#NewThisDay Writing From My Photo Stream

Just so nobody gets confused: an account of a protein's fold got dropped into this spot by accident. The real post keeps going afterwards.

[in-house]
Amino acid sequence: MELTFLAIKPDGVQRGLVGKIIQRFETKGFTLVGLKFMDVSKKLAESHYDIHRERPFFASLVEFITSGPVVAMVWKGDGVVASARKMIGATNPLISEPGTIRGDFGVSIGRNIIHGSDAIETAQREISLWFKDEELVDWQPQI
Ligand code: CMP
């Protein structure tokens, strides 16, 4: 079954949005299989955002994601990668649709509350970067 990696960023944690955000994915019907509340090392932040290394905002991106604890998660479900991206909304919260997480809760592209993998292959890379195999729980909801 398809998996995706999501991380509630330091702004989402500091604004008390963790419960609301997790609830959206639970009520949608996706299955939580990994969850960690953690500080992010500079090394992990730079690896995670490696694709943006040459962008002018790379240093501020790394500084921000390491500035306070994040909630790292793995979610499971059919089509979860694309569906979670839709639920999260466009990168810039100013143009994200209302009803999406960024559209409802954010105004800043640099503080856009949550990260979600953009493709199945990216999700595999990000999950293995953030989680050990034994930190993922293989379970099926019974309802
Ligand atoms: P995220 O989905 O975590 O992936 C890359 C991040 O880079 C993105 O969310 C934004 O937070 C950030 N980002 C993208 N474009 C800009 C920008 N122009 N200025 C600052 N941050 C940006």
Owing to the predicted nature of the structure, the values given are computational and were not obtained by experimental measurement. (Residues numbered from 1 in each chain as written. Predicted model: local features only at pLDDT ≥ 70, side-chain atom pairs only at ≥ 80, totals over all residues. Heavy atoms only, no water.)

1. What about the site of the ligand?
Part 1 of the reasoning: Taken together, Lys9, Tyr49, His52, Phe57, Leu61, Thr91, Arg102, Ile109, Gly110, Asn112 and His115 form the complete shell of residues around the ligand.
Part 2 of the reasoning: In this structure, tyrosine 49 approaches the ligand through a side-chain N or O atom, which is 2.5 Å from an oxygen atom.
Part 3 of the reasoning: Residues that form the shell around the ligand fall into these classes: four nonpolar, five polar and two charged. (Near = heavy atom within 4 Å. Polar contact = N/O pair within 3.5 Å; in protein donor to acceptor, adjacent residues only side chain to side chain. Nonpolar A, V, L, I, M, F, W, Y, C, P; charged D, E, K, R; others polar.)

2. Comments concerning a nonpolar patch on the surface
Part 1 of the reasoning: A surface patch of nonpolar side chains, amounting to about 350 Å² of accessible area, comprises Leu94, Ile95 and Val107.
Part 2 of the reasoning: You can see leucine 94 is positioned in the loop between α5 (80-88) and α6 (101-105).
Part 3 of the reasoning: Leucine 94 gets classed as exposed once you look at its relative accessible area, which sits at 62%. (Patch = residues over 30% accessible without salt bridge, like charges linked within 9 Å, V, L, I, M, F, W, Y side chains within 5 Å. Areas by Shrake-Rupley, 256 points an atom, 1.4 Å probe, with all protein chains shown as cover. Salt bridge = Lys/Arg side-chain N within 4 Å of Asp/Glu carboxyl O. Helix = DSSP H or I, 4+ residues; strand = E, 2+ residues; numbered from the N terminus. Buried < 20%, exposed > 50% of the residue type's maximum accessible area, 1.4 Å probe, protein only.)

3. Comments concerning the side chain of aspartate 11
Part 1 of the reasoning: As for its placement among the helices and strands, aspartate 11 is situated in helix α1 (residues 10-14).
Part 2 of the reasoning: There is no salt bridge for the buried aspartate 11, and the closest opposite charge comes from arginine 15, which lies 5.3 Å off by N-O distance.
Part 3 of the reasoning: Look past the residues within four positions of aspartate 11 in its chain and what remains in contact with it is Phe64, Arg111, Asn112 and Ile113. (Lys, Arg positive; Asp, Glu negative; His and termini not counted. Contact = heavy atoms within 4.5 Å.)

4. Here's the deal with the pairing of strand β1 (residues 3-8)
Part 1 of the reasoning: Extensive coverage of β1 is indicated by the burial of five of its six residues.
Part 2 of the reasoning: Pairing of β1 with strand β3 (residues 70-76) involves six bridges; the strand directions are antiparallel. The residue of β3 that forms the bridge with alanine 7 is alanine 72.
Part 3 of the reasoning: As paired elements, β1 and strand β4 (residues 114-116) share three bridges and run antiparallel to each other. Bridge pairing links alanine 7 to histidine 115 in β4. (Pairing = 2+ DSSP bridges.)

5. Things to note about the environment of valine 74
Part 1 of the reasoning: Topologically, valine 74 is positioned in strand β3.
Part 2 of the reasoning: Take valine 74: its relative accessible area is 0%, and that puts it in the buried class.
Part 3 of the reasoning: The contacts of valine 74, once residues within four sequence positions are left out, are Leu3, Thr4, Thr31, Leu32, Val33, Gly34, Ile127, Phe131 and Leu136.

After waking, before walking, I sat down on my couch with my notebook to write and looked out the window into the yard and saw a small dark blob in the middle of the bright grass. It’s June, so I guessed right: a snapper laying eggs. I went to the yard for a closer look, making sure Charlie didn’t slip out with me. Not that he would hurt the turtle, but he would disturb her with some noisy, persistent barking. In June the turtles come from the river to bury eggs that will hatch in September. In June I was married. My daughter is considering wearing her own new version of my wedding dress for her wedding. Today we went to meet the seamstress. Both daughters and I met in her basement studio with the dress we unpacked a month ago from its cardboard box, sealed for three decades so she could try it on. The question: can she make it her own and be happy with it? She has discarded the lacy top that goes over the satin slip. She wants a sexier dress than mine. I try to keep an open mind. It must be hers. Her sister shares some very good ideas with Janee, who will do the alterations. Janee has quite a few great ideas too. By the end of our time together, we’re all very pleased and we decide to proceed, to entrust the dress, the design, the alterations to Janee. But first, I must take the dress home and wash it. Janee has said she’s confident we can do it with the washing machine, having examined the fabric. So, if all goes well with the washing, our next appointment with Janee is next week to deliver the bride to be to be measured and the dress to be transformed. Then, the youngest has a show tonight with her playback theatre troupe, True Story Theater in Arlington, so I drive there with my husband. And I bring my story of the transformation of the dress, and I tell it, and it’s played back. And she leaves tomorrow for Costa Rica and at 4 am I will wake and drive her. Tonight, if the turtles eggs are fortunate, no predator will smell out their freshly dug nest. I hope the eggs are left in peace fo the hatchlings to crack open their shells and dig their way out, and follow their instincts to the river of life.